OIC chief: European politicians exploit fear of Muslims
Ekmeleddin İhsanoğlu (Photo: Cihan)
European politicians aim to woo their voters and win their support by attacking or offending Muslims across the region, Organization of Islamic Cooperation (OIC) head Ekmeleddin İhsanoğlu said on Thursday.
“There are efforts by European politicians to use Islamophobia as a tool to win votes. Assailing and offending Muslims has become the ugliest tool to win the advantage in elections. The more one attacks Muslims and offends them, the more votes are gained, which can be turned into a seat in the Parliament,” İhsanoğlu said. He added that Muslims have become part of the European political agenda.
The OIC chief’s remarks came in an interview with Today’s Zaman during his visit to Australia at the official invitation from Australian Foreign Minister Kevin Rudd.
Attacks on Muslims first began in Belgium and the Netherlands and have now spread to France, he said, adding that hostility against Muslims is becoming a political tool.
According to İhsanoğlu, using Islamophobia for political gain is very disappointing because there is a risk of seeing religious hatred and discrimination as a natural expression of democracy. Therefore, he said, governments and coalitions formed in this way will justify themselves by saying, “We have done this because our citizens provided us with the authority to do so.”
“It is the same as the decision by the French Parliament criminalizing denial of the Armenian genocide. This decision ignores other nations’ religion and beliefs, which is a huge and dangerous threat to stability,” İhsanoğlu noted.
The French bill approved by French Parliament criminalizing denial of the “Armenian genocide” last month has not only outraged Turks, but also drew strong condemnation from both the Turkish government and the opposition.
Australia to cooperate with OIC
This is the first visit paid by the OIC to Australia over the past 40 years with the aim of making this country a representative of the OIC.
The OIC is a Muslim organization binding together 57 Muslim countries. Non-Muslim representation in the organization started with the US during the presidency of George W. Bush, by an initiative from the OIC. Since then it has become a tradition. Australia is continuing the tradition. “As the Australian government constantly wishes to establish a link with the OIC, the Islamic organization proposed allowing for Australian -- one more non-Muslim country -- representation inside the organization,” İhsanoğlu said. Upon request from the OIC, the person who will represent Australia is Ahmet Fahur, a Lebanese-born Australian citizen and a Muslim. From now on, the special representative from Australia in the OIC will serve as a direct contact.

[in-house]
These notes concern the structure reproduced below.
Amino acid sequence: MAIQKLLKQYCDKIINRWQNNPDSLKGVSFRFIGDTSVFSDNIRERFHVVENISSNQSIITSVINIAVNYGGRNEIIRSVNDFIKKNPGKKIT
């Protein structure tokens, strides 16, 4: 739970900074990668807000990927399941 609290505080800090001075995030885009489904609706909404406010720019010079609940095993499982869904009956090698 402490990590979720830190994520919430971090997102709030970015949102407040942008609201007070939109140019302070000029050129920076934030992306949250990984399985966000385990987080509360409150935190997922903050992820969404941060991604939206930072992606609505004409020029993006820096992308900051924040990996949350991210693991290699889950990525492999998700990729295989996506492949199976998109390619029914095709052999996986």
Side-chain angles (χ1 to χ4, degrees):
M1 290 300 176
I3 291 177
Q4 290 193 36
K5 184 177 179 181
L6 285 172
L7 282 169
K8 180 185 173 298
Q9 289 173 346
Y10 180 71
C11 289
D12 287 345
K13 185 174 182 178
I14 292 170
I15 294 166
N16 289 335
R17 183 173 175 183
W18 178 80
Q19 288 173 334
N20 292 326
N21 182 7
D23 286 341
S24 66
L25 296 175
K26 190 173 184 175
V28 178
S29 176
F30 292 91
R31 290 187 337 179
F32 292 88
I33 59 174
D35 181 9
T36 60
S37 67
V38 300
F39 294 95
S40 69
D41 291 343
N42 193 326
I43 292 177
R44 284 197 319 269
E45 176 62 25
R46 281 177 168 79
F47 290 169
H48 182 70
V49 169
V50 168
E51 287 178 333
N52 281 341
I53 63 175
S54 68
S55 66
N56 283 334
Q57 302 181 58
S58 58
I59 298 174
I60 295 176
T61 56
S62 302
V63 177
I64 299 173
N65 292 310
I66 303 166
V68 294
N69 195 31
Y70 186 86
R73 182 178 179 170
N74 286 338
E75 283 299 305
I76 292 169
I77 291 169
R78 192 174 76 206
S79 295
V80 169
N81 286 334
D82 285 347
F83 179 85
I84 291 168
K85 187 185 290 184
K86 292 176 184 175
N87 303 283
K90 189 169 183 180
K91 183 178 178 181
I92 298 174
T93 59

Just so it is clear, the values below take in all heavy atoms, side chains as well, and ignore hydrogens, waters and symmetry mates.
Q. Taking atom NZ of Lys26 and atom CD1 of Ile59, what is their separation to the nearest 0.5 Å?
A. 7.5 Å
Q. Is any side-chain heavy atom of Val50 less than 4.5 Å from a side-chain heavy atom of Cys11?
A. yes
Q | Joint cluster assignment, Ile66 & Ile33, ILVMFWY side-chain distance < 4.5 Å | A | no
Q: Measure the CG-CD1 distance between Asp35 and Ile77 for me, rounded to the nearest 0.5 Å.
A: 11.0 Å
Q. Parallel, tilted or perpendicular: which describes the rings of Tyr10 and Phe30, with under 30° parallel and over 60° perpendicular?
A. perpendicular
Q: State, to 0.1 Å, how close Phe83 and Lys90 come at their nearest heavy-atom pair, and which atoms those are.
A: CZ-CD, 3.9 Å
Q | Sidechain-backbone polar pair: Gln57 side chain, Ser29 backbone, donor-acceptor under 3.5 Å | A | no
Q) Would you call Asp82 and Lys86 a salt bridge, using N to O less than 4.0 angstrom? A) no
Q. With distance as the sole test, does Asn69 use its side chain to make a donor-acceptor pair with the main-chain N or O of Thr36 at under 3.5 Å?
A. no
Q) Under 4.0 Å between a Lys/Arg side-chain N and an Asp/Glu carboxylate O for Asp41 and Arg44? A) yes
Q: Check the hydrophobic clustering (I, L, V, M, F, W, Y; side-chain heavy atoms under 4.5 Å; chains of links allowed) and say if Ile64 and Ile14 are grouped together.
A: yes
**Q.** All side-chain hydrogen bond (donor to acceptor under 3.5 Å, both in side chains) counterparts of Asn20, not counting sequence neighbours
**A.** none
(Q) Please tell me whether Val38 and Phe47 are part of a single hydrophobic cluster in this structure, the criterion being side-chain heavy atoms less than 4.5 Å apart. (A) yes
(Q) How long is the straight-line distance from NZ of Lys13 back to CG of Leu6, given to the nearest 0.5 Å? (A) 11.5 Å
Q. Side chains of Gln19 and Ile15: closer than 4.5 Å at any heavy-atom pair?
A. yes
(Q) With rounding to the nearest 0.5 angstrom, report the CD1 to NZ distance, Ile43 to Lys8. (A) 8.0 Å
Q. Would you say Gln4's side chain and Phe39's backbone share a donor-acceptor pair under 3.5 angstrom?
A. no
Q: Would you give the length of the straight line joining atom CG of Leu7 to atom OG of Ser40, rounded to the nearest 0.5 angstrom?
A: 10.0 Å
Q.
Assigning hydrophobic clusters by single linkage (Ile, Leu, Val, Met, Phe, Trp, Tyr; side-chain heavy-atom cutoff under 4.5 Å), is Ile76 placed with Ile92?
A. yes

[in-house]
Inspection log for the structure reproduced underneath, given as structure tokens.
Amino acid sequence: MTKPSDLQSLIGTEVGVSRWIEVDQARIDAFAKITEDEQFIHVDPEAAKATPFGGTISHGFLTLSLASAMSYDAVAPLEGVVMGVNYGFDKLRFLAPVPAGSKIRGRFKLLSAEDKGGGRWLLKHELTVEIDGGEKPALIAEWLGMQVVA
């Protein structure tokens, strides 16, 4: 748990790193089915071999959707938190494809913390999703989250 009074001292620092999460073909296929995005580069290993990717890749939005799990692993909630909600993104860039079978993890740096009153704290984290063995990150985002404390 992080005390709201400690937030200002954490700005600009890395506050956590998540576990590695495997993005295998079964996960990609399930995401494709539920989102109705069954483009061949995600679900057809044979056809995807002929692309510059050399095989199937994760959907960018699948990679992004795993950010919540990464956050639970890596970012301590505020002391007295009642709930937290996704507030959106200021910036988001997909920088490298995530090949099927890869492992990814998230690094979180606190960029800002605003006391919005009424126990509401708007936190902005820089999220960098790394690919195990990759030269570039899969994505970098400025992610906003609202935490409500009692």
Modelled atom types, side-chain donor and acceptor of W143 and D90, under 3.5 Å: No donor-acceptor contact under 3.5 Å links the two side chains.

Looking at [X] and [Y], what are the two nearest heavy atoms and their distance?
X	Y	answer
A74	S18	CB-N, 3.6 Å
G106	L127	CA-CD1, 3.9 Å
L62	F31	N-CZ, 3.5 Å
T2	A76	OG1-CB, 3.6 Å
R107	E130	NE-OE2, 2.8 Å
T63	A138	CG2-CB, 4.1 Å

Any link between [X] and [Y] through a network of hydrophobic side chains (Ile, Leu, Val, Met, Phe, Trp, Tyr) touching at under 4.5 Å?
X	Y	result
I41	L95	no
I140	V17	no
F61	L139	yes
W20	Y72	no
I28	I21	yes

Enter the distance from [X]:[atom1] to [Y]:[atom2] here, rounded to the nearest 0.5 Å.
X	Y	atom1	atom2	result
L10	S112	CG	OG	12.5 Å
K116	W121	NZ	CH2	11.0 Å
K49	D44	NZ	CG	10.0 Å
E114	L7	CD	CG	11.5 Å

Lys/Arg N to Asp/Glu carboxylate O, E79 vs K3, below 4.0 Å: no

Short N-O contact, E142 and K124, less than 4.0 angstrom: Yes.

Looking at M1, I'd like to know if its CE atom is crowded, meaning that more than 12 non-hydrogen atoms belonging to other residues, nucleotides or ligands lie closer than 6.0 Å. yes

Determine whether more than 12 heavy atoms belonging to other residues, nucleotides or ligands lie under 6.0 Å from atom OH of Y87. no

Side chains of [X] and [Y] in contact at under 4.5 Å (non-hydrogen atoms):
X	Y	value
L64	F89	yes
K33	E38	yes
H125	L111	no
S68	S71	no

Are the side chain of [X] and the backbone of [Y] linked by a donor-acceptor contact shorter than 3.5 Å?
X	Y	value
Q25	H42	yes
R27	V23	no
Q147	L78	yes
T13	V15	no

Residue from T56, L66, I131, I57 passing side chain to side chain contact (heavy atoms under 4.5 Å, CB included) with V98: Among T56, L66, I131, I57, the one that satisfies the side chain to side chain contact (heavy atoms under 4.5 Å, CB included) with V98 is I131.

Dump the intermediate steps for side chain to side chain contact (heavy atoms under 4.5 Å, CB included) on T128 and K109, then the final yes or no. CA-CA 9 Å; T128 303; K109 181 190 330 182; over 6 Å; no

During his meeting with several senior Australian officials, İhsanoğlu discussed Australia’s Middle East policy and noted that Australia and Turkey have parallel policies in the Middle East.
He said that the OIC had consultations with Turkey to discuss taking a common step in Libya before the UN vote last year, adding that the same consultations are being made for Syria. The agenda of the OIC, the world’s largest Islamic group, is currently busy with the ongoing unrest in the Middle East and protests fueled by a thirst for democracy.
The OIC secretary-general had meetings with senior Turkish officials in 2011 to discuss regional developments, particularly the operation against Libya, and to brief the Turkish prime minister on the OIC’s initiative regarding Libya.
Commenting on the escalating violence in Syria, the OIC chief expressed regret over the veto from China and Russia and assessed it as a failure on the part of the UN Security Council to reach an agreement on a draft resolution that called for an immediate cessation of the ongoing violence to solve the crisis in Syria. İhsanoğlu noted that the veto coming from China and Russia tied the hands of an international decision-making mechanism and prevented any move forward. “To solve this problem we need to get together. Our request is to prevent military intervention because, if it were to come to pass, the dispute could easily become international,” İhsanoğlu said.